The Campine’s intelligent nature, upright carriage, and stunning plumage make them a show favorite. Quite rare in America, they enjoy most of their popularity in Northern Europe. The Campine, an active breed, do better as show birds and layers than pets. Although weighing only four to five pounds, they produce an average of three, medium-white eggs a week on modest feed. The hens rarely brood. Campines like to fly; thus, they need suitable fencing to prevent escape. In the summer months, Campines love to forage. However, they easily suffer frostbite in the colder months. The Campine, fortunately, accepts confinement in the winter months.
Although of docile temperament, detractors of the breed label them “wild.” Campines like their freedom and will chafe at confinement in good weather. Like many foragers they have an inherent intelligence necessary for free-range chickens. The term “cocky” applies to the Campine demeanor. They strut with the spirit of a fowlish thoroughbred. As a group they react to sudden movement with a flighty response. Their temperament probably accounts for their near extinction after World War II and their rare status even today.
What Campines lack in personality they make up for in appearance. They have two basic plumages—the Gold and Silver Campine named for the splendid hackles around their neck. The gold variety has a orange hackle starting at the base of the skull stretching to the back cape. Silvers have the same configuration except with a snowy white hackle. The breast and wing consist of a gold or silver base color with an intricate, black, zig-zag lacing. Campines have red pea combs and wattles that stand in stark contrast to their white earlobes. They have the color of a true, ornamental bantam.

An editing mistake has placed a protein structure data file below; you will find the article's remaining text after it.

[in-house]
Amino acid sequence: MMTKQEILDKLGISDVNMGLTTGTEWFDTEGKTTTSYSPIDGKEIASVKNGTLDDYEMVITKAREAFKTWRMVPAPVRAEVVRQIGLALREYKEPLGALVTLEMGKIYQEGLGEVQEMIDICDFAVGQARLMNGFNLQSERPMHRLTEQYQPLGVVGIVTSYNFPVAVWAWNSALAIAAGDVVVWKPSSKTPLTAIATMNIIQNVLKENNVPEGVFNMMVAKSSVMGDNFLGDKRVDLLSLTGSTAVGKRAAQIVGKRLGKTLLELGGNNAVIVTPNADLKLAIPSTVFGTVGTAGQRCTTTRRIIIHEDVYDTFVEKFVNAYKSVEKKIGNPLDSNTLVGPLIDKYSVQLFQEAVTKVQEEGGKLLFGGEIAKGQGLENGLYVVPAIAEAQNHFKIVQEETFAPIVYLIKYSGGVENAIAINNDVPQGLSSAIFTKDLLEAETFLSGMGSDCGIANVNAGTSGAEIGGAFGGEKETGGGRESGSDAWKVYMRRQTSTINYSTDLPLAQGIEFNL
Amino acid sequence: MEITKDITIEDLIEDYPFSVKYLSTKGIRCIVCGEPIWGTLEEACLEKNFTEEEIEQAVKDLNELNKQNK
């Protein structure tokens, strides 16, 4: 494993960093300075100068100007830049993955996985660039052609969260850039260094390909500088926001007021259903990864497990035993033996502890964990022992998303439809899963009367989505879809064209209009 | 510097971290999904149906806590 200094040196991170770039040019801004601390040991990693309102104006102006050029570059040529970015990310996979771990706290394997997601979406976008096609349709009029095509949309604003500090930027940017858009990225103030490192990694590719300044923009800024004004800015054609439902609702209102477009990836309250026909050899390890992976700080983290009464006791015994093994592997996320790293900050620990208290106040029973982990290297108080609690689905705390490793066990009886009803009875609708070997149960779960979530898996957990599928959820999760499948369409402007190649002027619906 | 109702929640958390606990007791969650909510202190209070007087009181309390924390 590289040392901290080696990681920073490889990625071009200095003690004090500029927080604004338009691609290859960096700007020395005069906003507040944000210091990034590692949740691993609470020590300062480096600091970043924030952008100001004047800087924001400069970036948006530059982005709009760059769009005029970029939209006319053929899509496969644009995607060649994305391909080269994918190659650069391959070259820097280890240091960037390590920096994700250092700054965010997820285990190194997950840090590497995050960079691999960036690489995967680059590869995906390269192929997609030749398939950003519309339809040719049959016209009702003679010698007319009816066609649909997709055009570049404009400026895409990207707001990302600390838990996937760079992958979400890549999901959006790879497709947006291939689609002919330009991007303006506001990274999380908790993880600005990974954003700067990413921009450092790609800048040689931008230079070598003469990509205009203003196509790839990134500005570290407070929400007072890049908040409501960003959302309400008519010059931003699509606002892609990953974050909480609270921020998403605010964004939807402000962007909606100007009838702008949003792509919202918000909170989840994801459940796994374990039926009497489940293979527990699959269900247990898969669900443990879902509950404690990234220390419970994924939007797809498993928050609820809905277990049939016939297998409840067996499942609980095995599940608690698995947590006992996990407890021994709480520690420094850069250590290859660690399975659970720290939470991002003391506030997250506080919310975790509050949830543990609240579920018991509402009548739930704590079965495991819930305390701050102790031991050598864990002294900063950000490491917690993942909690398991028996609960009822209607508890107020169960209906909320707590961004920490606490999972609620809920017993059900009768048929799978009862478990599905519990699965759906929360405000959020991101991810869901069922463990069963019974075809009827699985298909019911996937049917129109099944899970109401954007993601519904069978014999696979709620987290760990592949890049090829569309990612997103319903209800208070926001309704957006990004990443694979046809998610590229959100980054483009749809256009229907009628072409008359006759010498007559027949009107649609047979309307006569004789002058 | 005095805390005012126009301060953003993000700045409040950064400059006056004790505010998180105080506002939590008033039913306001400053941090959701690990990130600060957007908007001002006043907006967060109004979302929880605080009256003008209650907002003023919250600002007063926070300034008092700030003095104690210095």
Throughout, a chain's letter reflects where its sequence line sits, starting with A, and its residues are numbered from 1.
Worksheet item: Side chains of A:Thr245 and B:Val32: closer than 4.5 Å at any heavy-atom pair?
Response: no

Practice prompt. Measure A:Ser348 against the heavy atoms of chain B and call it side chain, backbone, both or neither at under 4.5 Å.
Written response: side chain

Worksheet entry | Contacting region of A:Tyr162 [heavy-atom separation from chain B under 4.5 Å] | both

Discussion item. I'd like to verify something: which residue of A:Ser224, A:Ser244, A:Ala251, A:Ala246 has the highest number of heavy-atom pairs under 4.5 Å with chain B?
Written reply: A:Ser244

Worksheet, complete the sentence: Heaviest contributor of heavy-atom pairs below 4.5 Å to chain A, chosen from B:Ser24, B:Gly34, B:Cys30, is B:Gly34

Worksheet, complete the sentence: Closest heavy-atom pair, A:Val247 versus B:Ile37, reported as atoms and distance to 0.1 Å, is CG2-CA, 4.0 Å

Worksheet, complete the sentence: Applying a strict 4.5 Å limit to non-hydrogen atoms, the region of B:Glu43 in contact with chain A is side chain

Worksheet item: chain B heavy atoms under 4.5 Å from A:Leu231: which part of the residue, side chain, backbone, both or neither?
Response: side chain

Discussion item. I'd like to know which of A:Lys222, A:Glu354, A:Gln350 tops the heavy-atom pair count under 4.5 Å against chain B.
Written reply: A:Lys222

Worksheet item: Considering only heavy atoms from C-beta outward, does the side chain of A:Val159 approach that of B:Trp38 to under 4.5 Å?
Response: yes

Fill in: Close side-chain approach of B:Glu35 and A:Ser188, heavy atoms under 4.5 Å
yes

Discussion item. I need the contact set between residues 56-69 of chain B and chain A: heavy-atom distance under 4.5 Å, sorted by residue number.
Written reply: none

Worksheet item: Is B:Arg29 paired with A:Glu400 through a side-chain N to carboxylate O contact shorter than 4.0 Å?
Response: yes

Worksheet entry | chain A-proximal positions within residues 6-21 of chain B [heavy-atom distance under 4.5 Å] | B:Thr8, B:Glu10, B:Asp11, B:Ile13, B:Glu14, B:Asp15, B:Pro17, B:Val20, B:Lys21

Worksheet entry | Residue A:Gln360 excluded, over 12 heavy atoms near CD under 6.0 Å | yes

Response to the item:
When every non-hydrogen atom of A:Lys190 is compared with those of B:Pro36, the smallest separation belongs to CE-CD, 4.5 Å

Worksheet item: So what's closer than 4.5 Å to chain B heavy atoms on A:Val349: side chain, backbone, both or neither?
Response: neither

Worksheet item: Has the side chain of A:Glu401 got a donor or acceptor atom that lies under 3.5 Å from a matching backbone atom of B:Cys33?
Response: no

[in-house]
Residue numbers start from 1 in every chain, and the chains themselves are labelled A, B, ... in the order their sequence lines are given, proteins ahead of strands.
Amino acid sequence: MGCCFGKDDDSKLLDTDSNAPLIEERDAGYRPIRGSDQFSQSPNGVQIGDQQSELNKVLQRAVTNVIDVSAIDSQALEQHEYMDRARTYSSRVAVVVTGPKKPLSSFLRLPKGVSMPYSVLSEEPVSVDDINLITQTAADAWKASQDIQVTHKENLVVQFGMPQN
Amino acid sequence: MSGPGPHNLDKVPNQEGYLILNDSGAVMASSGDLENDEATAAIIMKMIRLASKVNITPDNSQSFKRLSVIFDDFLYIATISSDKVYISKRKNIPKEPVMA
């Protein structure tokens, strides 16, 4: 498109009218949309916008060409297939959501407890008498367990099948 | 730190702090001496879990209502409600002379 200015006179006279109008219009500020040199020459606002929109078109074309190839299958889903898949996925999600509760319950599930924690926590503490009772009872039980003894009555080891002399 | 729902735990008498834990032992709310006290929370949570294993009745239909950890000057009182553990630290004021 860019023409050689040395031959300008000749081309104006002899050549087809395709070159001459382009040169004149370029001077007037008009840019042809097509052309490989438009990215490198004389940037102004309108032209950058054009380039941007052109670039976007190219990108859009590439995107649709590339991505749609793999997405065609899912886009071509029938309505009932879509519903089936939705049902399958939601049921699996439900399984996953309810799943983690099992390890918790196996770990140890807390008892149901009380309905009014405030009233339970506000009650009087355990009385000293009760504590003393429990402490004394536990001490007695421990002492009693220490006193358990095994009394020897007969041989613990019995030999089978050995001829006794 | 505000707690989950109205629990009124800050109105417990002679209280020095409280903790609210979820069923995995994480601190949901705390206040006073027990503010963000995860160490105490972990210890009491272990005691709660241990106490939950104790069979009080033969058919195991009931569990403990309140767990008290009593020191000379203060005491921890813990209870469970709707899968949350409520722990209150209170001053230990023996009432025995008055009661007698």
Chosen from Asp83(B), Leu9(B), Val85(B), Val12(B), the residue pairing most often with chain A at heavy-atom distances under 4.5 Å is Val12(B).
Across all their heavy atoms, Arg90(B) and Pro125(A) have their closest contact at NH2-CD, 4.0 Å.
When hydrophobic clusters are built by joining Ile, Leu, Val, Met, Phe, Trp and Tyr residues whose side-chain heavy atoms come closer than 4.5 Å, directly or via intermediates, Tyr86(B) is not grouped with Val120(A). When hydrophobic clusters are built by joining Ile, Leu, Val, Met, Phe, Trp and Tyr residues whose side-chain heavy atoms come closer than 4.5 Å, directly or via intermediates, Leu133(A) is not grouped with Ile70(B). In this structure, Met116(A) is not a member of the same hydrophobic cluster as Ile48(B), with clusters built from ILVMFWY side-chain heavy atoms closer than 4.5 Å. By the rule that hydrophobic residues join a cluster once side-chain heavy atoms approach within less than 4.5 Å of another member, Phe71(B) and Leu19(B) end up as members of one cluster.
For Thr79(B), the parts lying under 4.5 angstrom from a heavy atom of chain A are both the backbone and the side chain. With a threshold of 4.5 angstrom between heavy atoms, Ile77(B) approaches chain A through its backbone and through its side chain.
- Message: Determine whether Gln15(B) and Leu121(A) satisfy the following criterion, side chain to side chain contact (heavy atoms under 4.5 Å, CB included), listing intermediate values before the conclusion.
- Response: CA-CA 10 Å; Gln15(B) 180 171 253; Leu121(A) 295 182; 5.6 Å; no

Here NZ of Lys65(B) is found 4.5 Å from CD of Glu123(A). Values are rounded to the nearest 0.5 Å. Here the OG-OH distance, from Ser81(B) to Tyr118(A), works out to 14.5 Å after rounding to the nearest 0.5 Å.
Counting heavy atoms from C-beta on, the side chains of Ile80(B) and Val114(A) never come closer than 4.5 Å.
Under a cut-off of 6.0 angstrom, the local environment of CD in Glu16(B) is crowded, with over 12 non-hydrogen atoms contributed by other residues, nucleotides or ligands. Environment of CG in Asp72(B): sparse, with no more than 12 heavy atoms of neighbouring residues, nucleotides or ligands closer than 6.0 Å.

Avid foragers, the Campine needs ample room to roam, so build an adequate run. Confinement in the summer months leads to a form of fowl paranoia and generally unhealthy chickens. In winter months, Campines want for a large coop to protect them from the elements. Keep show fowl on wood shavings to protect their feathers from damage and dirt. Campines have a flighty disposition. Keep their environment quiet and calm. They like to fly. Use fencing wire high enough to prevent their escape. Campines will provide three eggs a week, up to two hundred a year if given a good-quality, layer feed.
One of the older breeds known to man, some date their origins to the old Roman empire. Breed historians have documents referencing the breed back to 1416 in the region of Campine, Belgium. Only 500 birds live in the United States. Northern Europe has more of the breed; however, many experts warn that Campines may face world-wide endangerment. The Campine we know today came from England and resulted from the breeding of two Belgium breeds. The American Poultry Association registered them as an accepted American breed in 1914. Today, most ranchers keep them for show; although, the breed still has a good egg-laying reputation.